The California Court of Appeal for the Fourth District recently refused to enforce a covenant not to compete against the former employee and selling shareholder of a video game company. In Fillpoint, LLC, v. Maas et al., Case No. G045057, 2012 Cal. App. LEXIS 914 (Cal. Ct. App. Aug. 24, 2012), the Court of Appeal determined that half of a two-part noncompete agreement entered into in the context of the sale of a business was unenforceable, despite the exception for such covenants found in Business and Professions Code Section 16601 (“Section 16601”). This case answers what had previously been an open question under California law: Whether an acquiring company can obtain a non-compete that begins to run upon termination of employment (as opposed to or in addition to a non-compete that begins to run upon closing) from a shareholder who becomes an employee of the buyer. See Hilb, Rogal & Hamilton Ins. Servs. v. Robb, 33 Cal. App. 4th 1812 (1995) (enforcing a noncompete agreement against a selling shareholder that commenced at termination of employment, without any discussion or analysis of whether using termination of employment as the trigger for a noncompete violates Section 16601).Continue Reading
California Supreme Court Disapproves "Narrow Restraint" Exception For Covenants Not To Compete; Holds General Waivers Should Not Be Interpreted To Waive Non-Waivable Rights
In Edwards v. Arthur Andersen LLP, the California Supreme Court reaffirmed California's strong public policy against covenants not to compete. The primary issue in the case was whether the Ninth Circuit's "narrow restraint" exception was a proper interpretation of California law. Under the narrow restraint exception, employers could enforce non-competition agreements that did not "entirely preclude" an employee from practicing his or her trade. The Supreme Court summarily rejected this exception. The lesson for employers is that unless a covenant not to compete falls squarely within one of the statutory exceptions, it is not likely to be upheld by a California court.Continue Reading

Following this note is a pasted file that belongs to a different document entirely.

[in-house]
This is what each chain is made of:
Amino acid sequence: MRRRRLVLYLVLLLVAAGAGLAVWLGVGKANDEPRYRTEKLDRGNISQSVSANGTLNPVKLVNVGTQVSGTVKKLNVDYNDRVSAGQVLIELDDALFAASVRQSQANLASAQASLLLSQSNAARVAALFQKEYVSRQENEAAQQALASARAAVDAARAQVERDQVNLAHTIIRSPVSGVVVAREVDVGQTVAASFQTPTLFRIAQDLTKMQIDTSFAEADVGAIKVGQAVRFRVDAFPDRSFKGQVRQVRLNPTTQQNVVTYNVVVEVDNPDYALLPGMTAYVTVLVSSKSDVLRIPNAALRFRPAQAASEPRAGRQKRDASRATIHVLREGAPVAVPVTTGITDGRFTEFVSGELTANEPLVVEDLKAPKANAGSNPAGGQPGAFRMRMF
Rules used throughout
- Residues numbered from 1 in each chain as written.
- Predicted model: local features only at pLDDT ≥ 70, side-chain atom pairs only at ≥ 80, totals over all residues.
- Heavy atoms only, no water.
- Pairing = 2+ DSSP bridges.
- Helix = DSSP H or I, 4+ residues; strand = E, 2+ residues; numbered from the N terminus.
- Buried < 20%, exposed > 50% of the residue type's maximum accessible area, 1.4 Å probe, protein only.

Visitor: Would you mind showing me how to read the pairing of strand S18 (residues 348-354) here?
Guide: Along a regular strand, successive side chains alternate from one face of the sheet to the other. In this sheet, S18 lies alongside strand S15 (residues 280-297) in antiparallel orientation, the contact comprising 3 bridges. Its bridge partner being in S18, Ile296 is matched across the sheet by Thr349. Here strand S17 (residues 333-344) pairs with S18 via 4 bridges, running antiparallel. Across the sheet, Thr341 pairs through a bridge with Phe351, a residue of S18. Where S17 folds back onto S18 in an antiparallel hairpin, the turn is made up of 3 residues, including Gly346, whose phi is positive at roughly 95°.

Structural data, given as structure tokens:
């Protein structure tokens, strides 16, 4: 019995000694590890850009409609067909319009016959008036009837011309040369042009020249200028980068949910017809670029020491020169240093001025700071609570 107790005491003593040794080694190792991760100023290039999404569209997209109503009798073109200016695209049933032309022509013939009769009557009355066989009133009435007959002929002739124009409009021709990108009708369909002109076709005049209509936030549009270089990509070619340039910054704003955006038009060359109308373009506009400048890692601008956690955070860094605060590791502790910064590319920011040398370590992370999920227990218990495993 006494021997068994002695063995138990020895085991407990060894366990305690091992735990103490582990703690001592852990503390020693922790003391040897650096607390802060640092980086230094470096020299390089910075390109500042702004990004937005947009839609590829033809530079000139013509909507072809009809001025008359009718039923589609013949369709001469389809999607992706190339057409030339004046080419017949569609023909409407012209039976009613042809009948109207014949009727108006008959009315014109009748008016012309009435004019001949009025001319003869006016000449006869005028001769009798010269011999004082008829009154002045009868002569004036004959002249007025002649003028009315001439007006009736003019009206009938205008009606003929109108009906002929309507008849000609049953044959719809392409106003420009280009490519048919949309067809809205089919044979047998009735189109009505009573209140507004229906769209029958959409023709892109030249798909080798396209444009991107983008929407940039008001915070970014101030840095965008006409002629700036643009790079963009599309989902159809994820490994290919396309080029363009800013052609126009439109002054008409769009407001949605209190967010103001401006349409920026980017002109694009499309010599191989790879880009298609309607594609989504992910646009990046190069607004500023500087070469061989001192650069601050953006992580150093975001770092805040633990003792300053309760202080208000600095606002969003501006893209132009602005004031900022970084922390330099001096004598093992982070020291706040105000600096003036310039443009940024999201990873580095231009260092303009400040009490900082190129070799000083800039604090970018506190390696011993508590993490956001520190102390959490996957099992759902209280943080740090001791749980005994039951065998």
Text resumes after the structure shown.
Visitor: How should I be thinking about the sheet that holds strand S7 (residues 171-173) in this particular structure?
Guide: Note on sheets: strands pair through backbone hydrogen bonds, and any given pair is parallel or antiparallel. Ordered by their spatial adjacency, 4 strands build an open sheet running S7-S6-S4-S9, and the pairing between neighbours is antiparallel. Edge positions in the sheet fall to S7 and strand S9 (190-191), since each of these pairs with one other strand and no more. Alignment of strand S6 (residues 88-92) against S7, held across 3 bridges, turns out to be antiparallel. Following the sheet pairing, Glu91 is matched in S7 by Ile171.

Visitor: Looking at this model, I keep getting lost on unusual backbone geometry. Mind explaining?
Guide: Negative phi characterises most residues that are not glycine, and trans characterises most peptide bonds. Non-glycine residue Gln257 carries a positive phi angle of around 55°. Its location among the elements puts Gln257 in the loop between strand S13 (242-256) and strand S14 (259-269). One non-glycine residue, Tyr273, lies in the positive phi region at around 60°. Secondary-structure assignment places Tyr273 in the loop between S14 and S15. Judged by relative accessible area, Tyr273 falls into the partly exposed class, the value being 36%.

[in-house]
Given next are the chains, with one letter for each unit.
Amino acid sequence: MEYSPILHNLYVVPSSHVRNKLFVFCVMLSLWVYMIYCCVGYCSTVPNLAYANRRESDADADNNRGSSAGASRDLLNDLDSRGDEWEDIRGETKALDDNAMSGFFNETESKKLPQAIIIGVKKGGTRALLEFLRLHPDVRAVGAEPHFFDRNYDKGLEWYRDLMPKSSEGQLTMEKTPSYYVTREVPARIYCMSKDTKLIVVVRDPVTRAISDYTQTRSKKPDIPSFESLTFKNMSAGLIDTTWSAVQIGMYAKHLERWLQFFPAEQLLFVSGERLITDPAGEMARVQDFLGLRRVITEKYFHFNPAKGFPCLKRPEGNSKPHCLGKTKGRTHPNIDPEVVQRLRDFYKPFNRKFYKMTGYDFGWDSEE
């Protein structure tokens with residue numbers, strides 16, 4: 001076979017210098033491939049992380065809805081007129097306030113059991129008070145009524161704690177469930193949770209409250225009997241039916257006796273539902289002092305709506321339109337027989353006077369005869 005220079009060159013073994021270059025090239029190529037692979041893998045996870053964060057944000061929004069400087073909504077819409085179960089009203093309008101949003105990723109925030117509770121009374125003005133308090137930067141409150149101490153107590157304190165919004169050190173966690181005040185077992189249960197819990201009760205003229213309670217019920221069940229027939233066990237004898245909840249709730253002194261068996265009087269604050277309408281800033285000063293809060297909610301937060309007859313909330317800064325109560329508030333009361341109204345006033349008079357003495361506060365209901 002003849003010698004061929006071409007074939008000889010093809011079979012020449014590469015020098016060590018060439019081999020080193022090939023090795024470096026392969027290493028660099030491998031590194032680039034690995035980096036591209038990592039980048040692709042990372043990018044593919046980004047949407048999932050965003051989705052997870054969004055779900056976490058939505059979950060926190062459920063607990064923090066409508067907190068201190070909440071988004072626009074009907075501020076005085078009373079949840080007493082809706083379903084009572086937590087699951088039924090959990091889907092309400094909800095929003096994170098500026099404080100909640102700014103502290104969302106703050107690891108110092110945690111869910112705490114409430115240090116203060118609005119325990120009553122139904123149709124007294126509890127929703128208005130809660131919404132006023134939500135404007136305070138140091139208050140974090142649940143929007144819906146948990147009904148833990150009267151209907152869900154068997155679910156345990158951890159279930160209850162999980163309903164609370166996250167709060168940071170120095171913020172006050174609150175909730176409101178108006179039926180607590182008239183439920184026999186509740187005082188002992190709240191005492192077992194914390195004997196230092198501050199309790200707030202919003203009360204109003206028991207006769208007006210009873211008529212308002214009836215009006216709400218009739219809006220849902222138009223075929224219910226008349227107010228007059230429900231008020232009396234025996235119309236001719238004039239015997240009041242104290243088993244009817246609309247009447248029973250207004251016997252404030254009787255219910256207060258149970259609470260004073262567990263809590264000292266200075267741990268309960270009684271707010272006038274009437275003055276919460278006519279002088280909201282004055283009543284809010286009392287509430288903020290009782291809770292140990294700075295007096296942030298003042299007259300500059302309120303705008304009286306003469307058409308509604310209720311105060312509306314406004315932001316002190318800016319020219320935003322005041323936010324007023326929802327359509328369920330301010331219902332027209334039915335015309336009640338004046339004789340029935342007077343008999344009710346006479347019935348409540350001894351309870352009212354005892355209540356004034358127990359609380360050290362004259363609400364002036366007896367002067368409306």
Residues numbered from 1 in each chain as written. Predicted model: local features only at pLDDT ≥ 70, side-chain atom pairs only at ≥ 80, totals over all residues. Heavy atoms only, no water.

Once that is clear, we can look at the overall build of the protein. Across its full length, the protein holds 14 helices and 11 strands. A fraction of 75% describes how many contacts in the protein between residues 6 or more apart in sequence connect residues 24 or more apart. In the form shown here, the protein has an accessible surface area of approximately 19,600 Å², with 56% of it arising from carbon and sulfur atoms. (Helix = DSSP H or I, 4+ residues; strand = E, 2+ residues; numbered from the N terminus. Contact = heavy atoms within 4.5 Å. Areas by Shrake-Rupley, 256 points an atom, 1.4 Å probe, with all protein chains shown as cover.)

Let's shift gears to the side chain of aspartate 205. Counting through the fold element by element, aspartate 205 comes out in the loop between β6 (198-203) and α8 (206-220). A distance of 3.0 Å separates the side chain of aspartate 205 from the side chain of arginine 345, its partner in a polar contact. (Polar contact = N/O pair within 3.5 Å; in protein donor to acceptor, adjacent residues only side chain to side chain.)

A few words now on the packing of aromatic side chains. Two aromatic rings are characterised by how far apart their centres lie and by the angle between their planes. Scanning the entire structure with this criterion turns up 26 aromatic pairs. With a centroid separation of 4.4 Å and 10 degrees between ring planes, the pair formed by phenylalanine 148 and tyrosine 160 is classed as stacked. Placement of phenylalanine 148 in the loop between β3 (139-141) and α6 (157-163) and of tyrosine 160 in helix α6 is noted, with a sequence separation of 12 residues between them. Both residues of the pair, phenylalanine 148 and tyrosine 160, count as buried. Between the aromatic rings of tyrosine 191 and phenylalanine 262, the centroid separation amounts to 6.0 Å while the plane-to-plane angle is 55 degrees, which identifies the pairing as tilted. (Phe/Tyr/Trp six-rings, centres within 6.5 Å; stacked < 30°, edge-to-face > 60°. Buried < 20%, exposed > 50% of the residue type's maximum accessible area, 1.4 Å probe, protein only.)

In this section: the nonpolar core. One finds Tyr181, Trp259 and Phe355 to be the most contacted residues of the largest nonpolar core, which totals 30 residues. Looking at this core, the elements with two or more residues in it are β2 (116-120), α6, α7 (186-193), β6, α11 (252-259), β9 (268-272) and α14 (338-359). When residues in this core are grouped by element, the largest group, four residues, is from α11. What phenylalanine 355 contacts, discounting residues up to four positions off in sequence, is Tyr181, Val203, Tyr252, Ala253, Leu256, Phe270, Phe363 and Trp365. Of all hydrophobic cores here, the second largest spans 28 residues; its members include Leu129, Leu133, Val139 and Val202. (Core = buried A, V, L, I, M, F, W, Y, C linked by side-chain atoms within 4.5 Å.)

Waiver and Release Agreements Pertaining to Age Discrimination Claims Must Carefully Comply with the Older Workers Benefit Protection Act.
Every day employers terminate employees and pay significant sums to departing workers in exchange for a release of claims. Such agreements can give employers a measure of comfort and certainty while at the same time offering departing employees value and simplicity. However, when a departing employee is 40 years of age or older, and release language is intended to include potential claims under the Age Discrimination in Employment Act of 1967 (the “ADEA”), the agreement must meet all of the requirements of the Older Workers Benefit Protection Act (the “OWBPA”). Wells v. Xpedx, a United States District Court case from the Middle District of Florida, illustrates the potential pitfalls of failing to do so carefully.Continue Reading